It also matters that Chiefs coach Andy Reid rarely outsmarts the Patriots. Indeed, Reid’s only Super Bowl trip was spoiled by New England when it beat Reid’s Eagles for the 2004 title. Reid is 2-6 vs. the Patriots, and lost 43-40 on Oct. 14 at Gillette Stadium.
The Chiefs are 3-point favorites, which accounts for the home-field edge. Except in the upcoming arctic conditions, and with the pedigree of the Patriots, this is a matchup Kansas City won’t win.
UPSET SPECIAL: PATRIOTS, 27-23
Los Angeles Rams (plus 3) at New Orleans Saints
A 45-35 shootout victory for Drew Brees and the Saints on Nov. 4 came in the Superdome. These two have a return matchup Sunday to get to the Super Bowl, and with all their firepower, this one could come down to one factor: experience.
That edge clearly falls to the hosts. New Orleans (14-3) has been a postseason regular since coach Sean Payton and Brees hooked up in 2006. This is the Saints’ third NFC championship appearance — a loss at Chicago in January 2007, an overtime win over Minnesota at home three years later. The Saints won the Super Bowl that season, as well.
Los Angeles (14-3) had the only unanimous member of the All-Pro team, defensive tackle Aaron Donald. And the Saints lost key DT Sheldon Rankins to a torn Achilles tendon last weekend. Still, this side of the ball looks like a wash.
The site of this game is more critical than in the AFC. The way the Superdome rocks can be disruptive to opponents, and uplifting to the homies. Just look at the Saints’ win against defending champion Philadelphia last Sunday.
So give us Brees’ calmness and creativity over Jared Goff’s relative newness.
BEST BET: SAINTS, 34-26
Last Week: Against Spread (1-3). Straight up (3-1)
Season Totals: Against spread (134-113-9). Straight up: (174-88-2)
Best Bet: 8-11 against spread, 13-6 straight up
Upset special: 10-9 against spread, 9-9-1 straight up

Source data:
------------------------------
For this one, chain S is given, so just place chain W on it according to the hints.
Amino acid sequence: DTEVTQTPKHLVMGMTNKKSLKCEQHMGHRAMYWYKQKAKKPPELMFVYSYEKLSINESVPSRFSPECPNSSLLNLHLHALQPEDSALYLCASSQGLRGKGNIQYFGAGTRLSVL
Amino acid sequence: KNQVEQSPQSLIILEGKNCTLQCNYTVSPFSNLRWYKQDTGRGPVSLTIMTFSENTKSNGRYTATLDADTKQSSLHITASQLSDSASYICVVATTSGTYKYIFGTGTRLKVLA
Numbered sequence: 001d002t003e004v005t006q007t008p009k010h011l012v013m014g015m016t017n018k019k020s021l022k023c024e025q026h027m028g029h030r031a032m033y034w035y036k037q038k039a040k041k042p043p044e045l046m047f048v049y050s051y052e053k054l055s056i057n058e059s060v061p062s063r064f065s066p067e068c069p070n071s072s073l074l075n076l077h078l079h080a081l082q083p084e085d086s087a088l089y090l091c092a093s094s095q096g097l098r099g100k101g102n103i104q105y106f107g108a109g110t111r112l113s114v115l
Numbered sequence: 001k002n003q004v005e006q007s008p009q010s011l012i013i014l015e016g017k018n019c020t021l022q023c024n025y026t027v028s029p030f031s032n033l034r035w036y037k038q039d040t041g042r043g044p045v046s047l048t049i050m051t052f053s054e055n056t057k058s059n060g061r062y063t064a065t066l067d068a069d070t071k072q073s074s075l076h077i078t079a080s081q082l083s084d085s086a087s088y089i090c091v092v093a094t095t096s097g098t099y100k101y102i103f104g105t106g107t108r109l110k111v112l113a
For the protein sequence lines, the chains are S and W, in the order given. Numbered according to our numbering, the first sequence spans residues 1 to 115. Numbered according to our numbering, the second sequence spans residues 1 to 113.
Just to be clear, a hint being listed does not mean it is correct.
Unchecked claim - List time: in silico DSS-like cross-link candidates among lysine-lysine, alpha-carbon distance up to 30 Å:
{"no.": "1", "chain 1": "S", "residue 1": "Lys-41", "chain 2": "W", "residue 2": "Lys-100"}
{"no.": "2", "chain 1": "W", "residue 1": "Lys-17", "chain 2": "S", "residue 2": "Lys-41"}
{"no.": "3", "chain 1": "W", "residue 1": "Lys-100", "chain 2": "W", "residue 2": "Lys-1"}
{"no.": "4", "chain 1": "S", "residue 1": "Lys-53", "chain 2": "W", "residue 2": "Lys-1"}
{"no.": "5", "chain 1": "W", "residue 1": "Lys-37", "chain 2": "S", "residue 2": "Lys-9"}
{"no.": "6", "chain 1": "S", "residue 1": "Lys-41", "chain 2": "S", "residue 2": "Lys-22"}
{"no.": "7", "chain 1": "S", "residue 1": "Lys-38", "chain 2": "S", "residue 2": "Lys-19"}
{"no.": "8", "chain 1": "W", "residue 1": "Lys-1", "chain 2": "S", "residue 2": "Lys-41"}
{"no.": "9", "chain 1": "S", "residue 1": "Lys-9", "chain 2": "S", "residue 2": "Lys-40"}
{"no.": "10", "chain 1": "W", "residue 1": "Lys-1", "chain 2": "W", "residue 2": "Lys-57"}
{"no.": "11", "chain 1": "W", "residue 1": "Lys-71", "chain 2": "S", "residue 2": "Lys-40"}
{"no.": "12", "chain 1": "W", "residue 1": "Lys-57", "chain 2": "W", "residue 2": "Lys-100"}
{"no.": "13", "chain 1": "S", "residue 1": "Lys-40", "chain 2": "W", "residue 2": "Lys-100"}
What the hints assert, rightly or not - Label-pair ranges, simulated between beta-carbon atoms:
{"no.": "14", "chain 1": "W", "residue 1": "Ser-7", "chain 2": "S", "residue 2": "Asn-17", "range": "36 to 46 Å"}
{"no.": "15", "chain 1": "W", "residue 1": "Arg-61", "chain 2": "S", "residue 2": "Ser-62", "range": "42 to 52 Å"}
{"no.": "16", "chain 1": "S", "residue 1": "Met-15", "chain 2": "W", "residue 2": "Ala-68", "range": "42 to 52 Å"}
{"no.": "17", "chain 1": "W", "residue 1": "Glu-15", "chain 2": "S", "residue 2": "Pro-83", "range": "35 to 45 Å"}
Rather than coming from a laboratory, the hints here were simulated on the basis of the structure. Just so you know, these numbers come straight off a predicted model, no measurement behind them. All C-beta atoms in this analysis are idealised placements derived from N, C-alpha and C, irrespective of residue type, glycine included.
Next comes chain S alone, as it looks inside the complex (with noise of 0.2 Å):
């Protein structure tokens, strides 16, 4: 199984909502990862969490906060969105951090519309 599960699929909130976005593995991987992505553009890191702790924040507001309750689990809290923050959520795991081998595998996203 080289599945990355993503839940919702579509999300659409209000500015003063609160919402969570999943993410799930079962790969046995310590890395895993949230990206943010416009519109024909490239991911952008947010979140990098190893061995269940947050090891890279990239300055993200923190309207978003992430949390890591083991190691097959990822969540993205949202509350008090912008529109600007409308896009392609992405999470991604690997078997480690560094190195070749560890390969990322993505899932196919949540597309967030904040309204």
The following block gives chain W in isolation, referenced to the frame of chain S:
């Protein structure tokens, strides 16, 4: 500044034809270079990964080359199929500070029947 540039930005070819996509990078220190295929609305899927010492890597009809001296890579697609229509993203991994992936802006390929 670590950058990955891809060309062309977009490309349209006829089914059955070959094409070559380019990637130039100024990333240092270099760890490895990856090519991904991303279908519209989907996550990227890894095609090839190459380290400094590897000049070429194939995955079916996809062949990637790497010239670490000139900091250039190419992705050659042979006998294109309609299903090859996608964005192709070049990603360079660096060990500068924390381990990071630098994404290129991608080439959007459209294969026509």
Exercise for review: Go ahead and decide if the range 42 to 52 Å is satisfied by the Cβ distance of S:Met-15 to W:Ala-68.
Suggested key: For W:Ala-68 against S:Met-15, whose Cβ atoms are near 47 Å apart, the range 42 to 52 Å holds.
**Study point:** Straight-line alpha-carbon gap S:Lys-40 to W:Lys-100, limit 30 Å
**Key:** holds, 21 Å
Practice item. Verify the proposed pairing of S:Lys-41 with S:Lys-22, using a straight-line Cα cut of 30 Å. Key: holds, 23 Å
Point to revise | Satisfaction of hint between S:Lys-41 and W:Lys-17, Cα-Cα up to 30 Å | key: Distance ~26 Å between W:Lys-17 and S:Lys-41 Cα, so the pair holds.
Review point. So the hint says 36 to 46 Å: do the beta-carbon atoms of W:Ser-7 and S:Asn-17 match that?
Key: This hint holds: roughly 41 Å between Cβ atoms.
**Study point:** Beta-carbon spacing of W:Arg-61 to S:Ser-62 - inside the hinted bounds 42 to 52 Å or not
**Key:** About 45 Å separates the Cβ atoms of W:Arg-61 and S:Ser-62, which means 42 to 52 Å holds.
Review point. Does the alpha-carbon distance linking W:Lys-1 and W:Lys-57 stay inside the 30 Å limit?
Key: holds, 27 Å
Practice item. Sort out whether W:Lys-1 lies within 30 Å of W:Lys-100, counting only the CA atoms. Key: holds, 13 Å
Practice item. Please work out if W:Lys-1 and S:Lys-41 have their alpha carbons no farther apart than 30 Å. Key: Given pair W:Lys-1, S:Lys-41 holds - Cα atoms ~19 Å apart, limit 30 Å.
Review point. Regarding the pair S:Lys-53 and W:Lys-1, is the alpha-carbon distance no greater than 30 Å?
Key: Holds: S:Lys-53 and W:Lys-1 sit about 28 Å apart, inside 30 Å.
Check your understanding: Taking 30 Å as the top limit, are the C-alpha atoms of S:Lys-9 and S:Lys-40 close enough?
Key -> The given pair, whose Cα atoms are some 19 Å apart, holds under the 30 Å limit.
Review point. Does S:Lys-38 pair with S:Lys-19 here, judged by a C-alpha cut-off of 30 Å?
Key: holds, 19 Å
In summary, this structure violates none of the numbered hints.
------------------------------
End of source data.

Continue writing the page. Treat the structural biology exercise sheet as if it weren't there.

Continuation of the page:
The NFL conference championship games this weekend are set to be a showcase for the league. The New Orleans Saints, Los Angeles Rams, New England Patriots and Kansas City Chiefs boast the four highest-scoring offenses and loads of star power — from quarterbacks Tom Brady, Drew Brees and Patrick...
ESPN draft expert Mel Kiper Jr. on Thursday unveiled his first predictions for the 2019 NFL draft and he has the Broncos selecting Georgia cornerback Deandre Baker with the 10th overall pick.
“Cornerback is the No. 1 need for the Broncos,” Kiper writes. “Baker isn’t far behind Greedy Williams as the top corner in this class.”
Denver’s once-vaunted “No Fly Zone” took hits last year, first with cornerback Aqib Talib being traded to the Rams before the season, followed by numerous injuries, including a broken leg suffered by All-Pro corner Chris Harris Jr. Kiper notes that Harris’ age — he turns 30 in June — and Bradley Roby becoming a free agent makes the position a priority for the Broncos.
“John Elway hit on his 2018 draft class, and he needs another good one to get the team back on track under new coach Vic Fangio,” Kiper writes.
Ohio State defensive end Nick Bosa is predicted to go No. 1 overall to the Arizona Cardinals. As for quarterbacks, Kiper has Ohio State’s Dwayne Haskins going to the Giants at No. 6, Oklahoma’s Kyler Murray to the Dolphins at No. 13, and Duke’s Daniel Jones to the Patriots at No. 29.
The NFL draft takes place April 25-27 in Nashville, Tenn.